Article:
Essential to any applications is a detailed explanation of the ethical implications related to the proposed work. Applicants must thoughtfully consider inclusion of marginalized and vulnerable populations in their proposals and provide an analysis of the implications of the study on marginalized and vulnerable groups, such as women, youth, certain ethnic groups, gender and sexual minorities (e.g., LGBTI persons), people with disabilities, indigenous communities, low-income or low-status groups, the elderly, and other socially relevant categories. Project proposals should take into account questions like: Are these groups of people affected differently by the research question, or how the research is being conducted? Are there any potential harmful and/or unintended consequences or risks of this research, or the subsequent findings and recommendations on participants or impacted communities? Are there any potential benefits of participating in the research that would favor one group over another? If these populations are NOT the target of the research, researchers must articulate why, and still address any and all potential unintended consequences on these populations as part of the application. Additionally, applicants should describe how their project aligns with USAID’s work in digital principles.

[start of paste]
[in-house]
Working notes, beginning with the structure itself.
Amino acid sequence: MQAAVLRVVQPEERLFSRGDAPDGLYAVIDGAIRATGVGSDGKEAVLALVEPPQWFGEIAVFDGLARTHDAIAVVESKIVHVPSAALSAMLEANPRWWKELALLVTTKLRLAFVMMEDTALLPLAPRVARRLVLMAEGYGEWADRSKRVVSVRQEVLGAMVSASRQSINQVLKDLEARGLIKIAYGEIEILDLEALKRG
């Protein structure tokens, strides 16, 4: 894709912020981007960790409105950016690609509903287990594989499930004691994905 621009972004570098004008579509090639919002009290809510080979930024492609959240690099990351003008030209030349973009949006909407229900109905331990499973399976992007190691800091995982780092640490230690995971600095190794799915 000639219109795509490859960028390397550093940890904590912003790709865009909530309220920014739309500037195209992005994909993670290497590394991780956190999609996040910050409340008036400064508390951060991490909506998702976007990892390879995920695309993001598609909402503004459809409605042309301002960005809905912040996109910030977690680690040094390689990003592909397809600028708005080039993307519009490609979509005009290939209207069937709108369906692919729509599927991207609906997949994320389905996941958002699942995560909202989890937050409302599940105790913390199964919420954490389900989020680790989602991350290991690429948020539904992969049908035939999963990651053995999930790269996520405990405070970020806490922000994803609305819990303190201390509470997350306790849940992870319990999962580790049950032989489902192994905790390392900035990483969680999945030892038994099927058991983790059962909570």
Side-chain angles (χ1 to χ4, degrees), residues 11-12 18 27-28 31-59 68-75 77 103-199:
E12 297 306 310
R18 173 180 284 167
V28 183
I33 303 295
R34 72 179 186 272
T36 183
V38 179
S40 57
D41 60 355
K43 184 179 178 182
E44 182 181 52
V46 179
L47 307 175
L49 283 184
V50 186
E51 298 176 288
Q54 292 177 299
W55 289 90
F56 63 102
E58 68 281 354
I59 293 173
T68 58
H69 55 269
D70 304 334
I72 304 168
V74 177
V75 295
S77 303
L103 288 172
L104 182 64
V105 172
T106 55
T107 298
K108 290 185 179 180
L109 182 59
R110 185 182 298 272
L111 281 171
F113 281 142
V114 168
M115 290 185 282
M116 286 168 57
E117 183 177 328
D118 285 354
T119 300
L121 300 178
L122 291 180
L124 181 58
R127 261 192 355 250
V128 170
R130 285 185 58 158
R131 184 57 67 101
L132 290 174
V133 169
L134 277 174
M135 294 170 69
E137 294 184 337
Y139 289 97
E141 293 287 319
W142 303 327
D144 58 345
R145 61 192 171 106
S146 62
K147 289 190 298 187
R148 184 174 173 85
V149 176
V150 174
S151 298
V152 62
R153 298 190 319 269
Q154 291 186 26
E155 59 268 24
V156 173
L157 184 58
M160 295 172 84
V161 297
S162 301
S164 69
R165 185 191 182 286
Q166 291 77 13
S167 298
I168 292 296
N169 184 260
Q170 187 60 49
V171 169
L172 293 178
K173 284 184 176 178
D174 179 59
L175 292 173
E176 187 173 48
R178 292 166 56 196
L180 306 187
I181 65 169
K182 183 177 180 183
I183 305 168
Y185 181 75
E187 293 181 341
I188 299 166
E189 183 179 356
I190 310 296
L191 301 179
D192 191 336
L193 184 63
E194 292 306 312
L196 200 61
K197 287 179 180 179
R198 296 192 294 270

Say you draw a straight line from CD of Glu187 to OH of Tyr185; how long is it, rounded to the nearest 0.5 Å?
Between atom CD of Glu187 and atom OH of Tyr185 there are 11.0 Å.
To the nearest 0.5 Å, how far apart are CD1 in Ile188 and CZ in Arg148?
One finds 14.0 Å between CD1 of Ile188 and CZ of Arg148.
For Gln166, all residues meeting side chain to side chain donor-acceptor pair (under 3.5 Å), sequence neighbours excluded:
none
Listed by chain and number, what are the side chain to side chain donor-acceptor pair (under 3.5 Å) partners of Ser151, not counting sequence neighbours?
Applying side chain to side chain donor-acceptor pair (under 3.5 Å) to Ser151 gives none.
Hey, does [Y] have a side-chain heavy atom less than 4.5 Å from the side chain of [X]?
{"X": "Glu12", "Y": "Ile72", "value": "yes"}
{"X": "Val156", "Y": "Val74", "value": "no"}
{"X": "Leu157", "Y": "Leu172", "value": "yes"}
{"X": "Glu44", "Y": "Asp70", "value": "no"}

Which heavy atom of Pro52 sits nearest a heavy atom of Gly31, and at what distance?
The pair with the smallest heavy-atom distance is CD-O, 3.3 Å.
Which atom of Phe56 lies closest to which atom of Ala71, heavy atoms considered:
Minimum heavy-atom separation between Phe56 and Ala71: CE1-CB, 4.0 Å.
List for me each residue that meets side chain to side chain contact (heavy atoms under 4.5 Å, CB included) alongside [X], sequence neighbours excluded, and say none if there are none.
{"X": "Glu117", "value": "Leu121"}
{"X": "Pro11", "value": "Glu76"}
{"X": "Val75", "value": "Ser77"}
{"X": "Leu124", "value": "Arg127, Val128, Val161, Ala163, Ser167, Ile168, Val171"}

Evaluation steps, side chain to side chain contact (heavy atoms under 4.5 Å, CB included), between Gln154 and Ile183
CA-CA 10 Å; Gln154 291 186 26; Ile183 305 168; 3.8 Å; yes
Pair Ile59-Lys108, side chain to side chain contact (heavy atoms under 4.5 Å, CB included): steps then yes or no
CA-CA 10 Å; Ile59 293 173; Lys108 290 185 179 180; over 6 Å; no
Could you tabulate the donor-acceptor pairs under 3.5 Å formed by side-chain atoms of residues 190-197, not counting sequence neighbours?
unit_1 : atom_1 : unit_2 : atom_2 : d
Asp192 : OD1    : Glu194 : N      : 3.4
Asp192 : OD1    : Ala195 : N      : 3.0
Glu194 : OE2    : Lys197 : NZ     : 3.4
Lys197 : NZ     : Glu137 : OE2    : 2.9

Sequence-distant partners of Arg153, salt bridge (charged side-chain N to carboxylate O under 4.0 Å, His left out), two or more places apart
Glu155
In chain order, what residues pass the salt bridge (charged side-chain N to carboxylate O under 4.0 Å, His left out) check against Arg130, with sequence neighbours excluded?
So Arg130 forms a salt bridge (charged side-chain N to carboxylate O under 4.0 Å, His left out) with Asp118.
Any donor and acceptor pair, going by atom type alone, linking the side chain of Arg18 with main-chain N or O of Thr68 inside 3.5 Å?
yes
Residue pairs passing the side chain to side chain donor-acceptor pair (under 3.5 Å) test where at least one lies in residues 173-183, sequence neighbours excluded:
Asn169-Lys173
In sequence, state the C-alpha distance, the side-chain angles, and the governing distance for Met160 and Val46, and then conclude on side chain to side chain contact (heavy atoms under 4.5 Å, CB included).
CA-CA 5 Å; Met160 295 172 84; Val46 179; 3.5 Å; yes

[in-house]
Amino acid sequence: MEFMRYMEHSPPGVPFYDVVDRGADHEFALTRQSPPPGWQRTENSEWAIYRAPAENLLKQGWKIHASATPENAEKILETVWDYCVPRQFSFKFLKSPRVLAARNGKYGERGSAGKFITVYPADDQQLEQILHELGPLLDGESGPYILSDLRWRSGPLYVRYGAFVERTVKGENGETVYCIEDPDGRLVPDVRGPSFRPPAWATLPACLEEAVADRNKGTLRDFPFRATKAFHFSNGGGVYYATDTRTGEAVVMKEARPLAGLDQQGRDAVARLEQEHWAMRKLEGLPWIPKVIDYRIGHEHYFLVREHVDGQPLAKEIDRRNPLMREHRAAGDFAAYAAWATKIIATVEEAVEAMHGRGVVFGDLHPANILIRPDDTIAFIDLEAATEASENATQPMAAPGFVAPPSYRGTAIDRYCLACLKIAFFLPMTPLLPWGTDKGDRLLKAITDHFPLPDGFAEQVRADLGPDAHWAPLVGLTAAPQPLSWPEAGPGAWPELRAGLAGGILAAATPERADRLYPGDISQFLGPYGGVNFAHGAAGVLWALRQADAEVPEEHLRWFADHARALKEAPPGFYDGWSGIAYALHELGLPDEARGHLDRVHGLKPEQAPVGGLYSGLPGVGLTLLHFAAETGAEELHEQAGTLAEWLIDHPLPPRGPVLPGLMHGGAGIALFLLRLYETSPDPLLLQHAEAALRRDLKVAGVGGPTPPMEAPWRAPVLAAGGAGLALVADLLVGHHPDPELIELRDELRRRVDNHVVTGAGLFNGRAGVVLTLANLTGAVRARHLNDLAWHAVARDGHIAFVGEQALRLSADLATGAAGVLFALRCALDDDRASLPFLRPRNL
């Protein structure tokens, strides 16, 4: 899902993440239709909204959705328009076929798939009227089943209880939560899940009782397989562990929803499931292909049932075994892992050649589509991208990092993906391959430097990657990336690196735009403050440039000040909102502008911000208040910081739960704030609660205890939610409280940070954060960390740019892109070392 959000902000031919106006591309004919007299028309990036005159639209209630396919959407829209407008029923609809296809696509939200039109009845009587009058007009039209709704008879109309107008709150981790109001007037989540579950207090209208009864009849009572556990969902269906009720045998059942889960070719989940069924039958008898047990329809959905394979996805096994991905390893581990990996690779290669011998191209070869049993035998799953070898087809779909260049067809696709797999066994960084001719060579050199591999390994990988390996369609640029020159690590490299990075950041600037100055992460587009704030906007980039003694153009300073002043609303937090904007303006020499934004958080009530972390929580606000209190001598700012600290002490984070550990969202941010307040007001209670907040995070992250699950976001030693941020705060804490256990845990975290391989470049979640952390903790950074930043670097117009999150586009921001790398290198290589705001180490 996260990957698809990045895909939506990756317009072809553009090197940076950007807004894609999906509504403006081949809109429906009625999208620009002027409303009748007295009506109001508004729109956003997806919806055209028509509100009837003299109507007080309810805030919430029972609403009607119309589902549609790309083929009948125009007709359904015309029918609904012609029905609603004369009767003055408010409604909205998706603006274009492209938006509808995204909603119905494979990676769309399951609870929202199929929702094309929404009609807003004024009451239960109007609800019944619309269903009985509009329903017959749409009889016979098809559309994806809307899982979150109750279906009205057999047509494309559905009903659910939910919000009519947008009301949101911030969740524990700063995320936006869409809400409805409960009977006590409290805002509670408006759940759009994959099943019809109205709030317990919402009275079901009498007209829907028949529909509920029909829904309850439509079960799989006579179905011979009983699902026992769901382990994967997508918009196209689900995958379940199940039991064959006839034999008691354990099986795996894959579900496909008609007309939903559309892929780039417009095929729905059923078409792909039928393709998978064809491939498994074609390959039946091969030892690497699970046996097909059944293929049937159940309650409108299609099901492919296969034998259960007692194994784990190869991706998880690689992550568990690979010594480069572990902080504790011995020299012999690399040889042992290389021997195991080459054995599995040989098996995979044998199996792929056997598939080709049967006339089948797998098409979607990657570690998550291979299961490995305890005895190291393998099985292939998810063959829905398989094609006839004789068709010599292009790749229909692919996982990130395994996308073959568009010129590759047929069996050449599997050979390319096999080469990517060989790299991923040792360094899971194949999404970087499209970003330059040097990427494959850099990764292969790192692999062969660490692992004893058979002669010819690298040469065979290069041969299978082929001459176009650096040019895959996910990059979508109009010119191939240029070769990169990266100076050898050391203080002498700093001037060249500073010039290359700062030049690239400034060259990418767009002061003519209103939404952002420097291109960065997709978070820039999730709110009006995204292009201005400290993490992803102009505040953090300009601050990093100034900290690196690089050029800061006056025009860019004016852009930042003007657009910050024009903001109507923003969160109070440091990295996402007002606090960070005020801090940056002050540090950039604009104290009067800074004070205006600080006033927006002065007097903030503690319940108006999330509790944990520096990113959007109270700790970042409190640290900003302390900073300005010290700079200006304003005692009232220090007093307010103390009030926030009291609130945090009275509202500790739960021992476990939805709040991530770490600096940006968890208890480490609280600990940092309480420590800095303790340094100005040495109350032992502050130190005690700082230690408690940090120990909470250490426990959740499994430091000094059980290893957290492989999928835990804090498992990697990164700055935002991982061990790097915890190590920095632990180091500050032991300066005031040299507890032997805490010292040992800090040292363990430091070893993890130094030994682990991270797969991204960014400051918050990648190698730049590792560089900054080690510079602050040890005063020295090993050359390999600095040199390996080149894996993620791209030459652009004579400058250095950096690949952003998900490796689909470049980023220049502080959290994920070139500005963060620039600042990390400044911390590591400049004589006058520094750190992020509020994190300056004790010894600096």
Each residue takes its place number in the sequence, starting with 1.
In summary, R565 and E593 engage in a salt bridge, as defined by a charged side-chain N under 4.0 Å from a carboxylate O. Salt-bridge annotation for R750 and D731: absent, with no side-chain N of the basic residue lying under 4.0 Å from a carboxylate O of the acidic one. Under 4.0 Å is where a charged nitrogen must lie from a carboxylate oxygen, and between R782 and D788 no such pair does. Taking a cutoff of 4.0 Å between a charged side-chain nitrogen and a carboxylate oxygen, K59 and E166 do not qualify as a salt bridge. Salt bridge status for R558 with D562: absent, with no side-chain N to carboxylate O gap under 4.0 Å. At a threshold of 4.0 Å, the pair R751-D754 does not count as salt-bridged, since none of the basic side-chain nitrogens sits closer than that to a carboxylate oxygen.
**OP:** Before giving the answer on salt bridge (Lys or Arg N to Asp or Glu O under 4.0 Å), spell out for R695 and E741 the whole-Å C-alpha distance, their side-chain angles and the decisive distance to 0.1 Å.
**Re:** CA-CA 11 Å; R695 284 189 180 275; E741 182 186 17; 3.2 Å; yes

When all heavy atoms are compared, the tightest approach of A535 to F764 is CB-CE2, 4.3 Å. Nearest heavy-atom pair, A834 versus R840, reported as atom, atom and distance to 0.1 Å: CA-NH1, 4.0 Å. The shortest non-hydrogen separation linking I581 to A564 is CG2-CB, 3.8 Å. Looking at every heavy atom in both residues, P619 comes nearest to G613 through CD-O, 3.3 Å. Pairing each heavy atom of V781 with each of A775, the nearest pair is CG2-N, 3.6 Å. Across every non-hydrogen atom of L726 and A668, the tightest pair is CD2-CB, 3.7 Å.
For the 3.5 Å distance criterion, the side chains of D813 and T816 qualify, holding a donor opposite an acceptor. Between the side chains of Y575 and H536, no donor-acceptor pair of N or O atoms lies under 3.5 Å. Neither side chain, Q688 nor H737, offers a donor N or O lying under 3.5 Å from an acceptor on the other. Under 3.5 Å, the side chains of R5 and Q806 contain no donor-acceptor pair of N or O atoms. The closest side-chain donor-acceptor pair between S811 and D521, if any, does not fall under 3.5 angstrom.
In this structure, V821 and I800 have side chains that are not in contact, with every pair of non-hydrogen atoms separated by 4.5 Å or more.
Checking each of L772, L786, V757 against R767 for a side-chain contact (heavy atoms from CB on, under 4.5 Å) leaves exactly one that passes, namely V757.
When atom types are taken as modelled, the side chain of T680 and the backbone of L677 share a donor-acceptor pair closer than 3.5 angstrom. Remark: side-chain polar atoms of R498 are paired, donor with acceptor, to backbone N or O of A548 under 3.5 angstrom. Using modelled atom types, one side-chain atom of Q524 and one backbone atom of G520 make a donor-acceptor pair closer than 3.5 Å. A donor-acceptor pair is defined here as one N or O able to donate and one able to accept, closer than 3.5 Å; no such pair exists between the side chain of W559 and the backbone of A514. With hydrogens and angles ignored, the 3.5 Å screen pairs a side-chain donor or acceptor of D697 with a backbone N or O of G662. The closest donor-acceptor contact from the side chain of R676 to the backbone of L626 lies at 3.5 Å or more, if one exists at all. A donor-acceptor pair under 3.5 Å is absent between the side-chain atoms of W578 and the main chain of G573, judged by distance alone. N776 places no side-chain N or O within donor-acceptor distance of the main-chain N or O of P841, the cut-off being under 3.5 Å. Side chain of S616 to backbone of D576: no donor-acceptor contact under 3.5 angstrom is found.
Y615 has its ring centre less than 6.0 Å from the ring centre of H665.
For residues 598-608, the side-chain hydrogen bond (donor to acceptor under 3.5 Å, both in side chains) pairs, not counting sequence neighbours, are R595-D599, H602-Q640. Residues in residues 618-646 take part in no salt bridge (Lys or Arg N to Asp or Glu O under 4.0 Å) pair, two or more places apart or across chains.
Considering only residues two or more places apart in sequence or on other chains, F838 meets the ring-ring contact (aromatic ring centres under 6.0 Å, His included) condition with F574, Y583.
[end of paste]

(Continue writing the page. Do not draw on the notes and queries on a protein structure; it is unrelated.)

*For further information on USAID’s work in digital principles please visit: https://digitalprinciples.org/principles/

**For more information on USAID’s work on artificial intelligence and machine learning visit: https://www.rtachesn.org/blog/digital-tools-and-the-future-of-international-development.

***To view USAID’s Digital Strategy Public Draft please visit: https://www.usaid.gov/sites/default/files/documents/15396/USAID_Digital_Strategy_Draft.pdf

Duration of Project:

Projects should be designed to be implemented in one to two years with budgets of $40,000 to $80,000 (USD) per year for one institution (single institution award) and $100,000 (USD) per year for awards involving support for more than one institution (multiple institution awards). Proposals received for projects greater than two years in length will not be considered for funding. Women are strongly encouraged to apply.